Effect of an antepartum Pap smear on the coverage of a cervical cancer screening programme: a population-based prospective study
TypeJournal article; Peer reviewed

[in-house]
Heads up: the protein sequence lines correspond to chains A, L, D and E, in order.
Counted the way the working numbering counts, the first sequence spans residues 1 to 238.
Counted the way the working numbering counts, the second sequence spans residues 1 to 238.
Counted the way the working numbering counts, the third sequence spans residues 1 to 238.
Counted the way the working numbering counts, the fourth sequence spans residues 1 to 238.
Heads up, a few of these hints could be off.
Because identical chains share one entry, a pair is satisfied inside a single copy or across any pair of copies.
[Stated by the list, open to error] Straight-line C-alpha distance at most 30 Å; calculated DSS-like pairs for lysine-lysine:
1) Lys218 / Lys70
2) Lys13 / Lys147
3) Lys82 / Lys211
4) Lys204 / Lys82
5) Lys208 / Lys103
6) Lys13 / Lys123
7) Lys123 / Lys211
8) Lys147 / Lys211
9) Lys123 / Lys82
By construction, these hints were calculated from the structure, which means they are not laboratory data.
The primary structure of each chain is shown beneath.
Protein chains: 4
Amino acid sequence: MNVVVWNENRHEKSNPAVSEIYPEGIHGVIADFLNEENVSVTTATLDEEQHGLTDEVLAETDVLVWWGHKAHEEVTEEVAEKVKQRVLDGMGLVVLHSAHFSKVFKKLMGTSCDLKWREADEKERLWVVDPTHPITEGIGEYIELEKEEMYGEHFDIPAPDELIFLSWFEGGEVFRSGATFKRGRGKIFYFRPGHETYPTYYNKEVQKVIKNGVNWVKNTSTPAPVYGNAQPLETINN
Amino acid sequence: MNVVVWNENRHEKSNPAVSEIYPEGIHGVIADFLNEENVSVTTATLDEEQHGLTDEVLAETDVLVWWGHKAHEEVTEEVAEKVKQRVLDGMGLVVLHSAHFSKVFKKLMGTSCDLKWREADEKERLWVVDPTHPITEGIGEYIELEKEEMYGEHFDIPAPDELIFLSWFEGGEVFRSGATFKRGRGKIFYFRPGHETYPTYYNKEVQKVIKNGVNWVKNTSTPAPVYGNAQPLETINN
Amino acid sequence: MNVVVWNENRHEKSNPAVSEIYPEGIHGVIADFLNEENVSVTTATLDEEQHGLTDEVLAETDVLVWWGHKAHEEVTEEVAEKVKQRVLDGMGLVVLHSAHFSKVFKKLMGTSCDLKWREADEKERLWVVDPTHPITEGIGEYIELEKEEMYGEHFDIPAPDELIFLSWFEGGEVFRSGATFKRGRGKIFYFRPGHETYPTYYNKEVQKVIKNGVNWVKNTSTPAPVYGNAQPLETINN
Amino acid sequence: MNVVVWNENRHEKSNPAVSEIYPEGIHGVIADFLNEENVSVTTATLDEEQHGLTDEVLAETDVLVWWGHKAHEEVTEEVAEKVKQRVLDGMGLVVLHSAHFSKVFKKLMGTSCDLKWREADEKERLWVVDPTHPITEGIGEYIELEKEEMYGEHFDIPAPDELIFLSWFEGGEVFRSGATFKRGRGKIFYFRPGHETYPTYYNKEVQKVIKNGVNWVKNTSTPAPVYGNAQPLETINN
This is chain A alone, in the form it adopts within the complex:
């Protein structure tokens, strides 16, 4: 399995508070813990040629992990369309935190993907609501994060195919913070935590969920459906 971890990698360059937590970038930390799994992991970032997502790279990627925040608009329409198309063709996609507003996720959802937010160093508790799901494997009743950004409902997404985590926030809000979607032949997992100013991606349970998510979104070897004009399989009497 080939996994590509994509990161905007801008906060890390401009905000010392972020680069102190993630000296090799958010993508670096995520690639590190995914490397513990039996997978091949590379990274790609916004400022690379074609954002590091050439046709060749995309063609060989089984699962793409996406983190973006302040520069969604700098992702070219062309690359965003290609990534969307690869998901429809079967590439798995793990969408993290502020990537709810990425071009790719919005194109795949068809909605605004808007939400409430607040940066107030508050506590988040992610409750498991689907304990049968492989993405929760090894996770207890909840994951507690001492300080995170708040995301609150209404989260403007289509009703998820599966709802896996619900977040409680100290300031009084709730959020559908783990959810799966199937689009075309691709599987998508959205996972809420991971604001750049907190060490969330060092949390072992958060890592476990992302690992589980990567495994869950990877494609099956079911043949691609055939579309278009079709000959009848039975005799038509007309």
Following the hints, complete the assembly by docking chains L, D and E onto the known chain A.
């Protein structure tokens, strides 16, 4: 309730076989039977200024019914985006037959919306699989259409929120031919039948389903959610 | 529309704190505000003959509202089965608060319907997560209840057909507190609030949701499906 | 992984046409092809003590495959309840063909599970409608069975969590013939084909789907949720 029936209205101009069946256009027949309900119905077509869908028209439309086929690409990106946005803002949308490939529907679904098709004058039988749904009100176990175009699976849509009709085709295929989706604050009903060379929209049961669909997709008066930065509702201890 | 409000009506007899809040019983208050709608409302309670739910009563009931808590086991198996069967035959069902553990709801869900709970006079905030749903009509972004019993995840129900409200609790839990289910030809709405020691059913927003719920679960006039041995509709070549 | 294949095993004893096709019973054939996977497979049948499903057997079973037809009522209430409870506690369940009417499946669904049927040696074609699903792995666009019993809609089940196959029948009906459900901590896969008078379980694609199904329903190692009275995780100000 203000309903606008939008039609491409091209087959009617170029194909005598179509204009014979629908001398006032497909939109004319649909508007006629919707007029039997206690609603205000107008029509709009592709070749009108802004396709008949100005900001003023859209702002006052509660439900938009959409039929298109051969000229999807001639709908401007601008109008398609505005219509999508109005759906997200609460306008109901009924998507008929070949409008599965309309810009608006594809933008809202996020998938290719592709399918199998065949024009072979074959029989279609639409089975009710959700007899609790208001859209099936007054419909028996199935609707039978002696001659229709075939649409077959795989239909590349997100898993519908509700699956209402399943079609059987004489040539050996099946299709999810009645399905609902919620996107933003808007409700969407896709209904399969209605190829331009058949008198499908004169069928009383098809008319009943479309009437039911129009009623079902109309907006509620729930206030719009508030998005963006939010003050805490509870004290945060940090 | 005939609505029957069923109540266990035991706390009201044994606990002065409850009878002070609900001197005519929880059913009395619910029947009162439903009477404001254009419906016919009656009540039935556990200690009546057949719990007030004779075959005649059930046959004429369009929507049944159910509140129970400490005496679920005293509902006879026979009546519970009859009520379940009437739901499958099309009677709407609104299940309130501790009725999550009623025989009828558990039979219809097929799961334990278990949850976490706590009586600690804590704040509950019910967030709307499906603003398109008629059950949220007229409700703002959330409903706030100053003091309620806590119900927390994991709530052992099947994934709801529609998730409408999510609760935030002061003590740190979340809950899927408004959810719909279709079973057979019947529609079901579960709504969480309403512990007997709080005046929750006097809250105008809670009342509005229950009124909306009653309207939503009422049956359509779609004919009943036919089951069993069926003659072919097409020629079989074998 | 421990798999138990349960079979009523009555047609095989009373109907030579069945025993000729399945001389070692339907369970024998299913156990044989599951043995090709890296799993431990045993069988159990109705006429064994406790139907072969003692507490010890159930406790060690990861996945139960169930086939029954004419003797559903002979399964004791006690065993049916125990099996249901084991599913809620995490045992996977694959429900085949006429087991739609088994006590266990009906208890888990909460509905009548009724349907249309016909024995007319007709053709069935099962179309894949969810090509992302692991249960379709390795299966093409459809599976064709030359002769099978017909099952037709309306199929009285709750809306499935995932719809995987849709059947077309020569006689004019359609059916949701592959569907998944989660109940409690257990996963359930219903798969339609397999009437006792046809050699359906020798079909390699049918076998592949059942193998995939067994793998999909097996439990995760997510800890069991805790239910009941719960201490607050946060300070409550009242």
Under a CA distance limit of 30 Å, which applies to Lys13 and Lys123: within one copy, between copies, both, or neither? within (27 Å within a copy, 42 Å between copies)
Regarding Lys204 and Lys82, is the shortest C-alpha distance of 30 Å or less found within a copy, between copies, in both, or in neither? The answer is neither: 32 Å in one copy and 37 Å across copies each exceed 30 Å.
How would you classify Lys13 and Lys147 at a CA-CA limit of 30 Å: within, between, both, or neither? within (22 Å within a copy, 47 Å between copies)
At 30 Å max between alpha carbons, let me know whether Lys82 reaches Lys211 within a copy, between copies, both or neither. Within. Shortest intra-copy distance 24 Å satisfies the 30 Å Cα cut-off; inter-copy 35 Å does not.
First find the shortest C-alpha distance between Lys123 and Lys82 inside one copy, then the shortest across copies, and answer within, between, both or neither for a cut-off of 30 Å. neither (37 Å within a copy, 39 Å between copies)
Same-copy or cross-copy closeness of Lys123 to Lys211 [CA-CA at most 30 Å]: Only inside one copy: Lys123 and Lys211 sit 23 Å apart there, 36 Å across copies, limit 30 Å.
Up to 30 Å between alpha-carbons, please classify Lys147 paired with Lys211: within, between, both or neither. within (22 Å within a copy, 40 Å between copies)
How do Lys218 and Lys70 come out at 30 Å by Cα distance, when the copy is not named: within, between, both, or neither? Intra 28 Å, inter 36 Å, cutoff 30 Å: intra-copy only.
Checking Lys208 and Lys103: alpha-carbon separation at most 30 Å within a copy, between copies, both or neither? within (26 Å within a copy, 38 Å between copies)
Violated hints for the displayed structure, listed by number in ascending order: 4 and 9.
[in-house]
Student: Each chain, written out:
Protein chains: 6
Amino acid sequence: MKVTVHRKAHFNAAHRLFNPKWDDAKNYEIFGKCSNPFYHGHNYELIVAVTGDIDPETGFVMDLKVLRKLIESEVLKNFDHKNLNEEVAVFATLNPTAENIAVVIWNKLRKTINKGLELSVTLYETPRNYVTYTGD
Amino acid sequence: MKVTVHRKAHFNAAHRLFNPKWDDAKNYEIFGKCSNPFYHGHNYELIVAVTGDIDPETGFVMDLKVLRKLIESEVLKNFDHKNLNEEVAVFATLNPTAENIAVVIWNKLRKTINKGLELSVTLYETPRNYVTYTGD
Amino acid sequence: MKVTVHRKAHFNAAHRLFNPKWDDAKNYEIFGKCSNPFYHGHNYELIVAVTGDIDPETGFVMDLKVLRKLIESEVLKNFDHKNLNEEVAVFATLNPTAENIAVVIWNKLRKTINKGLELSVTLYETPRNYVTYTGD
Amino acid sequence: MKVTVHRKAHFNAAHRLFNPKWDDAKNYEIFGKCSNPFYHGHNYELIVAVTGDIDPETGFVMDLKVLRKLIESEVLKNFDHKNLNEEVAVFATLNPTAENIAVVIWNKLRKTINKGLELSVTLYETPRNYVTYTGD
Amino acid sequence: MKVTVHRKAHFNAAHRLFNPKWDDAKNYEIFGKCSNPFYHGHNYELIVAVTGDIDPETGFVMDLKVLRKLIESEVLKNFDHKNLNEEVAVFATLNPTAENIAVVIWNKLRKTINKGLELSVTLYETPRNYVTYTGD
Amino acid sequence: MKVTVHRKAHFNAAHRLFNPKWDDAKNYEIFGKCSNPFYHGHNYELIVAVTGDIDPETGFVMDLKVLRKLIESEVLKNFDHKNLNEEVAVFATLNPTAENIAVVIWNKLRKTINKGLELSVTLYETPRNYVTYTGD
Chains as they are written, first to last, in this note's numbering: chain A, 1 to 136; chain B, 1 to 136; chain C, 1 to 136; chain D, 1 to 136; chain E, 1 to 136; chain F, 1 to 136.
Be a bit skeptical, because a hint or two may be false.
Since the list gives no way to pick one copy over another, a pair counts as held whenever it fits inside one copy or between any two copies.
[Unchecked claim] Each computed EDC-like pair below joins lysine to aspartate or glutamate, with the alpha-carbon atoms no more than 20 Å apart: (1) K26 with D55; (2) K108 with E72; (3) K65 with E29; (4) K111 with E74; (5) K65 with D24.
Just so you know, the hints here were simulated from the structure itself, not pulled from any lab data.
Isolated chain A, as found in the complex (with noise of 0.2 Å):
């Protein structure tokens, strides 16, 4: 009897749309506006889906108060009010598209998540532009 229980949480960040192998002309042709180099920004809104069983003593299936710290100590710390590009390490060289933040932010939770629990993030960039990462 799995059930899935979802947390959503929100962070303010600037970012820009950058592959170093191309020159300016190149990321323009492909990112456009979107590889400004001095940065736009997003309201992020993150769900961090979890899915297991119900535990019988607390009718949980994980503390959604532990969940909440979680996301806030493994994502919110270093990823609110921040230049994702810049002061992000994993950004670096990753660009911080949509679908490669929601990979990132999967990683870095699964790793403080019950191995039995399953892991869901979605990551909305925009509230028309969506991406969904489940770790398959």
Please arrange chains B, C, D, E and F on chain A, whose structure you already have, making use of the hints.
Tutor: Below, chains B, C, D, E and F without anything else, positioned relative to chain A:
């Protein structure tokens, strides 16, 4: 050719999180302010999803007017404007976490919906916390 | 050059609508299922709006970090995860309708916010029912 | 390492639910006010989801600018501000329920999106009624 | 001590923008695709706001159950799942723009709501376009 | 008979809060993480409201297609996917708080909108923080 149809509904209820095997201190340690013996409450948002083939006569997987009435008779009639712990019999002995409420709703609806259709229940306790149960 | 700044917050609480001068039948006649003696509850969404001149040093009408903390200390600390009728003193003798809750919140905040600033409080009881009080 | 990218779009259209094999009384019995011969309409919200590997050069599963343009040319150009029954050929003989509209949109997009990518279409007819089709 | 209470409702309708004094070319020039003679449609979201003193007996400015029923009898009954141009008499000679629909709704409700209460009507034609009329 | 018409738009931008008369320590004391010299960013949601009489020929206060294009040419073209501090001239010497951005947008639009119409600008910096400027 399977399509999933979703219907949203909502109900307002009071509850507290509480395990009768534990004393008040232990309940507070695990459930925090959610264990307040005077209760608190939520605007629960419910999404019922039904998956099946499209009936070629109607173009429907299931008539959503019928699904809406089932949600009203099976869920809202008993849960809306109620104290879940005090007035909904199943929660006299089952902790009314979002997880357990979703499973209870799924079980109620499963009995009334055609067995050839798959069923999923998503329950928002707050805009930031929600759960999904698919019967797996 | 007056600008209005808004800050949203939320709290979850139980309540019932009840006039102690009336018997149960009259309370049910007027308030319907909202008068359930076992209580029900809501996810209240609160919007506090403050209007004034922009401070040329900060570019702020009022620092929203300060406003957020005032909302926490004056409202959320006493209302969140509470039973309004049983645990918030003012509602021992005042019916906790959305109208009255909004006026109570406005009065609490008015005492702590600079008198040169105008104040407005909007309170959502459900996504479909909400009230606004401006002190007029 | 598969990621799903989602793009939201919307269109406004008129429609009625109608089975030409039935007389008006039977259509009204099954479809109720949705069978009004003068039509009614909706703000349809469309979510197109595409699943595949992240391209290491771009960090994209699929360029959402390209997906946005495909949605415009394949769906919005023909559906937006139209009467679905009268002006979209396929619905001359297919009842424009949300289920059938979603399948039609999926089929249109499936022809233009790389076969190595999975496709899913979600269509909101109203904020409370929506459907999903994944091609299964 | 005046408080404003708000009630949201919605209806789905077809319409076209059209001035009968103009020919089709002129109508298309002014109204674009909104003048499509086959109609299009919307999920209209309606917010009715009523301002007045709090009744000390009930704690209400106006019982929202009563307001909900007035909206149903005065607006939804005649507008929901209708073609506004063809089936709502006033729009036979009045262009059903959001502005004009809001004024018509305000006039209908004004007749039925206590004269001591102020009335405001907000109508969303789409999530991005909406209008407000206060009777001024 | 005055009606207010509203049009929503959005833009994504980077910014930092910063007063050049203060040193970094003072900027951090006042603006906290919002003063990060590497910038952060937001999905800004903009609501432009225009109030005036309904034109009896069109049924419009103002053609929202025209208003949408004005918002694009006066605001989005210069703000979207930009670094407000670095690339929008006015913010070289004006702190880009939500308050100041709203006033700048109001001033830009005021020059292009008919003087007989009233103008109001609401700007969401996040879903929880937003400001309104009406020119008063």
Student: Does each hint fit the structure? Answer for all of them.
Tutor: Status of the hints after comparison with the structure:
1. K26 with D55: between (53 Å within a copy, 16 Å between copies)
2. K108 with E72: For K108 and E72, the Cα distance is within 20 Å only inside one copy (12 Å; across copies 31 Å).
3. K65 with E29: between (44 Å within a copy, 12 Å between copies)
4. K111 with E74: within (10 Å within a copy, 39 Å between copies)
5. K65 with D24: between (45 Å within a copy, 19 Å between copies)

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Background: Almost one-third of Norwegian women aged 25–69 years invited to have a Pap smear do not attend during the recommended period, and thus constitute a population with high-risk of cervical cancer (CC). Since the incidence of precancerous lesions of the cervix peak with occurrence of pregnancies within the same decade in women aged 25 to 35 years of age, antepartum care presents an opportunity to offer a Pap smear thereby increasing the coverage of the programme. The study objective was to describe the effect of the antepartum Pap smear on the coverage of a cytological CC screening programme. Methods: Among 2 175 762 women resident in Norway in 31.12.1996, all women who gave birth in 1996–7 were identified from the Medical Birth Registry of Norway. Attendance to the cervical cancer screening was assessed by linkage to the Cytology Registry separately for the pregnant and non-pregnant women cohorts. The results were stratified by age, history of previous Pap smear and history of invitation to the CC screening programme. Logistic regression was used to estimate the relative probabilities of having a Pap smear adjusted for age, screening history, and time since invitation, for pregnant and non-pregnant women, respectively. Results: 69% of the pregnant women had a Pap smear during one year of follow-up since beginning of the pregnancy with the majority taken during the antepartum period. Irrespectively of age or history of having a Pap smear, pregnant women were 4.3 times more likely to have a Pap smear during follow-up compared to non-pregnant women. 63.2% of the pregnant women had a smear as response to the invitation letter compared to 28.7% of the non-pregnant women, OR = 2.1 (95% CI 1.9 to 2.4). As an indication of "over-screening", 5397 pregnant women (57.8%) with a smear shortly before the start of follow-up also had a new Papsmear, compared to 83 023 (32.3%) in non-pregnant. Conclusion: Pap smear screening during pregnancy increases the coverage of the CC screening programme. The contribution of the antepartum Pap smear to "over-screening" exists but its effect is modest in countries where women on average become pregnant after the start of recommended age of screening.